A photo book of biological marvels (and my own take on two of them)

I can’t brain today, which is lucky because there’s nothing substantive to write about—and I have other work to do. So enjoy these photographs from Robert Clark’s new photo book: Evolution: A Visual Record. I’ve selected a few photographs from a longer selection in the December 8 Washington Post. The notes at flush left are mine but are informed by the Post‘s captions. All photos are by Clark himself.

Below is a gynandromorph (half male, half female) of the Palawan Birdwing butterfly (Trogonoptera trojana): guess which half is male.  What probably happened here is that one sex chromosome in a male embryo was lost at the two-cell stage, so that the left half remained ZZ in sex-chromosome constitution, while the right half was ZO. (In birds and butterflies, unlike mammals and flies, males have two identical sex chromosomes, ZZ, and females have unlike sex chromosomes ZW. If you’re ZZ and lose a Z, you’re ZO, probably a female—and very probably sterile.) [Note added in proof: actually, this speculation isn’t correct; as reader Arnaud Martin pointed out in a comment on this site, Lepidopteran gynandromorphs are produced in a genetically different way. But the stuff about flies below is correct.]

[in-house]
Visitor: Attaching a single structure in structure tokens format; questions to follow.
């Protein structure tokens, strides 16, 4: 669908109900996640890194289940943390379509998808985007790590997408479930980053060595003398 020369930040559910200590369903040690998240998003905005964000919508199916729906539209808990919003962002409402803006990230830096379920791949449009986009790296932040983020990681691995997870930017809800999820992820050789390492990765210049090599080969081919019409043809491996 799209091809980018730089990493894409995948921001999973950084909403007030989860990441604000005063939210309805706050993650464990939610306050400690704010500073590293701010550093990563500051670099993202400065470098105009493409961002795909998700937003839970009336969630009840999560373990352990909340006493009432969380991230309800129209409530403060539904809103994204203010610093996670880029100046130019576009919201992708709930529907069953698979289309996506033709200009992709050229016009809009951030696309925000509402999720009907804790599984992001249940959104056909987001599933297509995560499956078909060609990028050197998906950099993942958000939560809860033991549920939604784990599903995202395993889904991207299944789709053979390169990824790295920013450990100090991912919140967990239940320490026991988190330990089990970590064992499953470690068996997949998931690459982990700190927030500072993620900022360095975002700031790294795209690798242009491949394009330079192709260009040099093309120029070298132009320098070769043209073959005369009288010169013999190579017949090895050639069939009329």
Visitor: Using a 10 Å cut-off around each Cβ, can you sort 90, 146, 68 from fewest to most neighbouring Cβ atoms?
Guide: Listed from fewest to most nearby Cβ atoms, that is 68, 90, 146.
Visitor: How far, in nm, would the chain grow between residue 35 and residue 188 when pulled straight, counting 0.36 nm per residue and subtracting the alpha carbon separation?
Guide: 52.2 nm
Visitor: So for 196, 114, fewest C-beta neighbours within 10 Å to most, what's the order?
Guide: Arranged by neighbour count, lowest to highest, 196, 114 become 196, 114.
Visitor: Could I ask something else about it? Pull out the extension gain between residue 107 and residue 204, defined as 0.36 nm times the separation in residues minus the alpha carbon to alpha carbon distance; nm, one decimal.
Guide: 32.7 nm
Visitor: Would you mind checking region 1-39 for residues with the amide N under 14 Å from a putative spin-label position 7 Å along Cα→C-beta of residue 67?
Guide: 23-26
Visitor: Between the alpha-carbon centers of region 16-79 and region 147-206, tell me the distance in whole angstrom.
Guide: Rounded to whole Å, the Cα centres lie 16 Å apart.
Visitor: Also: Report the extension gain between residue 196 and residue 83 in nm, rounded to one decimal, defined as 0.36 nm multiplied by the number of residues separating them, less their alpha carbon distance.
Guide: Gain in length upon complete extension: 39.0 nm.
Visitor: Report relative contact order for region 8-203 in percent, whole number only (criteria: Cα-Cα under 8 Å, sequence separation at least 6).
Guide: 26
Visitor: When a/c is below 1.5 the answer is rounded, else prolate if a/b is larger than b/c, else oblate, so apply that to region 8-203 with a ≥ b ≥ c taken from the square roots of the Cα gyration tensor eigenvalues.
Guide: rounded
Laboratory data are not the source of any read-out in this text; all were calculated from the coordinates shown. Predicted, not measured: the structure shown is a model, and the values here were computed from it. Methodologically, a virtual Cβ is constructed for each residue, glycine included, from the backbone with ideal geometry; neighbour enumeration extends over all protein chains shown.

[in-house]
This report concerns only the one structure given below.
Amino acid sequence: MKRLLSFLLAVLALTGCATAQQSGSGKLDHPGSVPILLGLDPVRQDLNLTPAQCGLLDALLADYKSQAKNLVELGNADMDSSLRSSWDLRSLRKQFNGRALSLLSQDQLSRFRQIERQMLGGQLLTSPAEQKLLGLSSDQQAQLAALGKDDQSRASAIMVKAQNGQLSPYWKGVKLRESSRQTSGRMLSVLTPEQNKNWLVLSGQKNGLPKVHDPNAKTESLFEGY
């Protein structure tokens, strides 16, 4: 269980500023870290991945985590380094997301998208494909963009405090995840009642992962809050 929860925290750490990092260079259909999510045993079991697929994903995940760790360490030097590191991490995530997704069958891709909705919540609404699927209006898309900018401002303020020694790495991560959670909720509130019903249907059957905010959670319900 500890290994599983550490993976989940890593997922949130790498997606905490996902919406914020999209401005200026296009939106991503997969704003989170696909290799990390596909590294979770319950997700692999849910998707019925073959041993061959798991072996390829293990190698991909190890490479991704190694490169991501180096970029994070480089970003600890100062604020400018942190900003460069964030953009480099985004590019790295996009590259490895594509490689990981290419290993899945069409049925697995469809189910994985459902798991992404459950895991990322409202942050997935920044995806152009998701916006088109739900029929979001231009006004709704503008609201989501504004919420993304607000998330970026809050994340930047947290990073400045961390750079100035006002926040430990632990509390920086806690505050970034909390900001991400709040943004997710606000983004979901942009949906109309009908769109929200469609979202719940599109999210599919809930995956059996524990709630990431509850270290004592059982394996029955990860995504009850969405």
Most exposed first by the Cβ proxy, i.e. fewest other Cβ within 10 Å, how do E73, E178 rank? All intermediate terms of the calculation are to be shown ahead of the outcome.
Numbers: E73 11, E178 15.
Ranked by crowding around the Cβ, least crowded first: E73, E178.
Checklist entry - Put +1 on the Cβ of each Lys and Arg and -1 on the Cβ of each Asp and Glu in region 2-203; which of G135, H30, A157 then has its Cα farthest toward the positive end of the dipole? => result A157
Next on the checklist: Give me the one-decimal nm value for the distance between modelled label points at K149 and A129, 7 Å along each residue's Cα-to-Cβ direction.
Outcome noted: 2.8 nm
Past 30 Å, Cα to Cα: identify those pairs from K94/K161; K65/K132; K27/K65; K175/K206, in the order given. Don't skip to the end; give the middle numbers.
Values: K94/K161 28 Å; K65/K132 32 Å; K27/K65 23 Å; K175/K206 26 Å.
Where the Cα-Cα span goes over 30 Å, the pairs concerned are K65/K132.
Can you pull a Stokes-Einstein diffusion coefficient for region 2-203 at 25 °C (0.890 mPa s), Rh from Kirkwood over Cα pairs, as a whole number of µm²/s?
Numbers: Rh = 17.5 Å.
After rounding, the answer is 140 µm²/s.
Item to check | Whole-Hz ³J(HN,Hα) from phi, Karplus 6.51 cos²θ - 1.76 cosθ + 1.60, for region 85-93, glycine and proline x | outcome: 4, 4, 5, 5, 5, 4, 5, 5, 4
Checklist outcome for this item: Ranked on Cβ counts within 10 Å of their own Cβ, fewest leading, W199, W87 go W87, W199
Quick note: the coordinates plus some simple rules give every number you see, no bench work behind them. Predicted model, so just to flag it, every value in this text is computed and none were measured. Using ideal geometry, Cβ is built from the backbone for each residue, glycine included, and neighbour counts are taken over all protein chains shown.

This beautiful specimen is certainly sterile, with its body split right up the middle. Notice the longer antennae of the male as well as its shorter hindwing. It’s a direct way of comparing the traits that are sexually dimorphic, but in a single individual.